A Grumpy German Is A Sauerkraut
User currently offlineMD11Engineer From Germany, joined Oct 2003, 13968 posts, RR: 63
Reply 10, posted (4 years 5 months 3 weeks 2 days 20 hours ago) and read 2500 times:

Quoting ACDC8 (Reply 9):
The biggest problem with Germany's system when they first implemented it was that the can/bottle had to be returned to the same store you had purchased it from. So if I bought a can of pop at an Autobahn raststelle outside Frankfurt on my way to Dusseldorf, in order to give me any incentive not to throw it out I would have to return it to the Frankfurt raststelle (with receipt) I had purchased it from so I could get my pfand (deposit) back.

Not anymore since a long time. The problem was fixed within a year.

While living in Ireland ten years ago I noticed a lot of rubbish dumped in the countryside. I inquired and found out that at this time in Ireland there existed no mandatory system for houseowners to register with a rubbish collection service (unlike in Germany, where you HAVE to join your community´s collection service and pay for it). In Ireland it was optional at this time and many people wanted to save the 150 Irish pounds a year and just dumped their household rubbish somewhere in the fields. I knew farmers, who dumped their rubbish in natural caves on their land, especially in the nature preserve Burren in County Clare, thereby polluting the groundwater.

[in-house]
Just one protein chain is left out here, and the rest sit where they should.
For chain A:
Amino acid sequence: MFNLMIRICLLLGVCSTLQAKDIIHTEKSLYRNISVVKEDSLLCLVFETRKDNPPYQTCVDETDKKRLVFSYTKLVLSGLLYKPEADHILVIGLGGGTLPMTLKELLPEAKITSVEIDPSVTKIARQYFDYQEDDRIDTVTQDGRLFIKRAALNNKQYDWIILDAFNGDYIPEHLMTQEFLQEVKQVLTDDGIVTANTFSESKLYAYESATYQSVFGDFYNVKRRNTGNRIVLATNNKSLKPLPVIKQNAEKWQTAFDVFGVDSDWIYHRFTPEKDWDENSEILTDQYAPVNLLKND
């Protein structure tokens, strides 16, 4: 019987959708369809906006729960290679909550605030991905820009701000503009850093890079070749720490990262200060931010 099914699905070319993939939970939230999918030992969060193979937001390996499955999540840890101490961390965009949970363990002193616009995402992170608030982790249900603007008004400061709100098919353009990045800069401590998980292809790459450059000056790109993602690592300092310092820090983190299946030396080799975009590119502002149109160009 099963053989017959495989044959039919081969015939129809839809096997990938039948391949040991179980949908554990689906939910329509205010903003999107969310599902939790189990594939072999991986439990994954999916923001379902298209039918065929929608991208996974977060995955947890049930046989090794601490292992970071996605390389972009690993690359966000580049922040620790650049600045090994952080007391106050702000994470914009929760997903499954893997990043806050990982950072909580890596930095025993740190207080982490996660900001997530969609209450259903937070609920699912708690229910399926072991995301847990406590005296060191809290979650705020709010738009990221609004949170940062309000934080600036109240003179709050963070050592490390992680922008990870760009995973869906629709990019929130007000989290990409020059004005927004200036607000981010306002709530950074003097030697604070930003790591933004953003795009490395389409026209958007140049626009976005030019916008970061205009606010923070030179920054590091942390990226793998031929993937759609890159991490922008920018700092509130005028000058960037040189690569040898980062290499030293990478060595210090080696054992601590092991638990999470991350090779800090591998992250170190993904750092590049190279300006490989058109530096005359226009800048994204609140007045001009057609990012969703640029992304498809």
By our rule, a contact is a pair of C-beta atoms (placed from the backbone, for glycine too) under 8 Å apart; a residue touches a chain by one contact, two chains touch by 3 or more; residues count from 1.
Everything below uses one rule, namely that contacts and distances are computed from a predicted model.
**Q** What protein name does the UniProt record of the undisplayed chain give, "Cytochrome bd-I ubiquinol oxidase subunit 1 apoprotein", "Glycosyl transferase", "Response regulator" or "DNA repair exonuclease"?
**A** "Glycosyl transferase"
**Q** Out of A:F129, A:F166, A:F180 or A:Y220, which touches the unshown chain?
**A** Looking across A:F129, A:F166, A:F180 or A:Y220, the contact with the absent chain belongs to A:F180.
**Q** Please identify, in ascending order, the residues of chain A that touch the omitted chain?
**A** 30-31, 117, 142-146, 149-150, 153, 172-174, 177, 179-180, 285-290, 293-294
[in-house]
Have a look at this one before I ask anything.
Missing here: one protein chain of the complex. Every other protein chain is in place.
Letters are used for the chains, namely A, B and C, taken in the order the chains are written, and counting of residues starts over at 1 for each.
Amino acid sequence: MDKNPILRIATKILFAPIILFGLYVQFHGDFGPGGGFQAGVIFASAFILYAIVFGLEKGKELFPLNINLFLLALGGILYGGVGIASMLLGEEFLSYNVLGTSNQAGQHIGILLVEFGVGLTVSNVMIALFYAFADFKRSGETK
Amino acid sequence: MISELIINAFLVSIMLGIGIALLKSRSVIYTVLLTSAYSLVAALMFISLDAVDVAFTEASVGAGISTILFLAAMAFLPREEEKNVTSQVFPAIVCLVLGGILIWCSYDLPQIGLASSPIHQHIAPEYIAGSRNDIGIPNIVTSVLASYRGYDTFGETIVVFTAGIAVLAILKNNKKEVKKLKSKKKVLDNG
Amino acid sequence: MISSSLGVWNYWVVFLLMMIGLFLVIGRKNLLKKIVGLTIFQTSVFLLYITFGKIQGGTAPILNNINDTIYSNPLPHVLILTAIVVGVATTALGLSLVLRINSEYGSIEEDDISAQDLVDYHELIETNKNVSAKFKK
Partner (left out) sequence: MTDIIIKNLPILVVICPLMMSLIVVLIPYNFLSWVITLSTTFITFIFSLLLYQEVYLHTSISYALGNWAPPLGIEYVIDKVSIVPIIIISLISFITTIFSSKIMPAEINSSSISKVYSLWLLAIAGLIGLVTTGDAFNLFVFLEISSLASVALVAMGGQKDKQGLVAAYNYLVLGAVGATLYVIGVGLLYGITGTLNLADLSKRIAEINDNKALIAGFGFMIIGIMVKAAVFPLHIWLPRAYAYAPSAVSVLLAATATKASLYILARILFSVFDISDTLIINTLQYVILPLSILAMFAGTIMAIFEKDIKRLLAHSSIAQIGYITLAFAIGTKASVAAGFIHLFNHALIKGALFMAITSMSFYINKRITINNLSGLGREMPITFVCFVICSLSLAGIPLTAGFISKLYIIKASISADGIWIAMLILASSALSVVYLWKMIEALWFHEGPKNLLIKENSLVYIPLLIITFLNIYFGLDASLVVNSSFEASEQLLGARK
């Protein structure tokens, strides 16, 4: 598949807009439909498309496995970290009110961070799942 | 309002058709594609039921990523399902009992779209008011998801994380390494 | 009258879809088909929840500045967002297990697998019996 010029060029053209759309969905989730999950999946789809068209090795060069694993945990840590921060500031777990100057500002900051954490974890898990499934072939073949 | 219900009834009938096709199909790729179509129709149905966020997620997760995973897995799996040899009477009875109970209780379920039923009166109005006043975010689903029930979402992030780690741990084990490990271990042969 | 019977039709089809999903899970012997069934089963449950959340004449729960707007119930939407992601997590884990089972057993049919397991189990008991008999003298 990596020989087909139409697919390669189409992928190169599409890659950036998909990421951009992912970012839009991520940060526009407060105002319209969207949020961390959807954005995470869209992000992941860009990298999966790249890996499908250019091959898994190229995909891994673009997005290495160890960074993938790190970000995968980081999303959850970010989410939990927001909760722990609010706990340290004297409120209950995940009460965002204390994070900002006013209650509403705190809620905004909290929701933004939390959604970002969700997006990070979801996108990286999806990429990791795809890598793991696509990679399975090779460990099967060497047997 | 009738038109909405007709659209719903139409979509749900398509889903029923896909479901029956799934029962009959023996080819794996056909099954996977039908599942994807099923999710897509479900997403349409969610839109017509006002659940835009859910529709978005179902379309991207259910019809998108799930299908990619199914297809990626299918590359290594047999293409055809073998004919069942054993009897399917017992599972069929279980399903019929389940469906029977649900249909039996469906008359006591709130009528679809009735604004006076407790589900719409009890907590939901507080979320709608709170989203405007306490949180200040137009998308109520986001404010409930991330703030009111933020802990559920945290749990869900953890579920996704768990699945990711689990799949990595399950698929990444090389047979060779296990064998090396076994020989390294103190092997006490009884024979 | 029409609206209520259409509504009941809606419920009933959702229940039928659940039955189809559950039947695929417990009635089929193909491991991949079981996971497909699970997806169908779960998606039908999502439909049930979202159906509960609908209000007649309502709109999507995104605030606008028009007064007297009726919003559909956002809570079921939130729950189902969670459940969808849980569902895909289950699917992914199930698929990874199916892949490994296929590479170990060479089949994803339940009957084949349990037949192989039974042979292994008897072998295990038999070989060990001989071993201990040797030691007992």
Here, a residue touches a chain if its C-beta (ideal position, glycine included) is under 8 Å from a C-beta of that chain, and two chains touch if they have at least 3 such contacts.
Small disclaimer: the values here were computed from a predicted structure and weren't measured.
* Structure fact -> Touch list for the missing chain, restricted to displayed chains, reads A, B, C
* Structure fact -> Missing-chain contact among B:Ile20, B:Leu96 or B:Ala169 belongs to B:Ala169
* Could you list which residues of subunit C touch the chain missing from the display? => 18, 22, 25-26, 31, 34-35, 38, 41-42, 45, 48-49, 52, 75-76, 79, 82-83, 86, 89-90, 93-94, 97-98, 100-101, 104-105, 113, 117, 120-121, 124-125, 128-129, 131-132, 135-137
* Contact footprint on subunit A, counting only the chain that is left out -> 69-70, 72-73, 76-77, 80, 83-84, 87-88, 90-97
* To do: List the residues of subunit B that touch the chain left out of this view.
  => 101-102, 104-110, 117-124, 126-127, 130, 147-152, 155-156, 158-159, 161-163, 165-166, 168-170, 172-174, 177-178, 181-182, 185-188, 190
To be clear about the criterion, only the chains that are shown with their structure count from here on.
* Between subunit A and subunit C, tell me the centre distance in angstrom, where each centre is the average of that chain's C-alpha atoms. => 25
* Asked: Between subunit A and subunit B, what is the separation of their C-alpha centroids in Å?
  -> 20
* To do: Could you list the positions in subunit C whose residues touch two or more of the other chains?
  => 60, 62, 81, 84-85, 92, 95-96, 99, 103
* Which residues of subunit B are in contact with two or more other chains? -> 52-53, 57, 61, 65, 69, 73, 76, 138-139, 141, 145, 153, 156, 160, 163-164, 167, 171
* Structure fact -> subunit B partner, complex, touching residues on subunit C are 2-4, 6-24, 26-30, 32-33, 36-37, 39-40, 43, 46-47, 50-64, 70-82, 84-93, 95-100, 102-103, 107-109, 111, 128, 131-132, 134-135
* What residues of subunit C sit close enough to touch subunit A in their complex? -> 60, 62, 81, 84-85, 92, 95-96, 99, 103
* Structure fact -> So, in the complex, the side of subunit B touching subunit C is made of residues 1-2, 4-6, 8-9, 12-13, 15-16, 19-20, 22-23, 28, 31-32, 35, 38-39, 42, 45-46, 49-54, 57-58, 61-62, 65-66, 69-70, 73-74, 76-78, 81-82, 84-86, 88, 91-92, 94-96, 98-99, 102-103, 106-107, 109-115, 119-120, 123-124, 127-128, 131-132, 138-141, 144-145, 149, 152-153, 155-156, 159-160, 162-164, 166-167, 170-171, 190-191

Over the years, since I left the country, I noticed that it became cleaner. Maybe a mandatory system got introduced or attitude changed..

Jan


User currently offlineoly720man From United Kingdom, joined May 2004, 6688 posts, RR: 11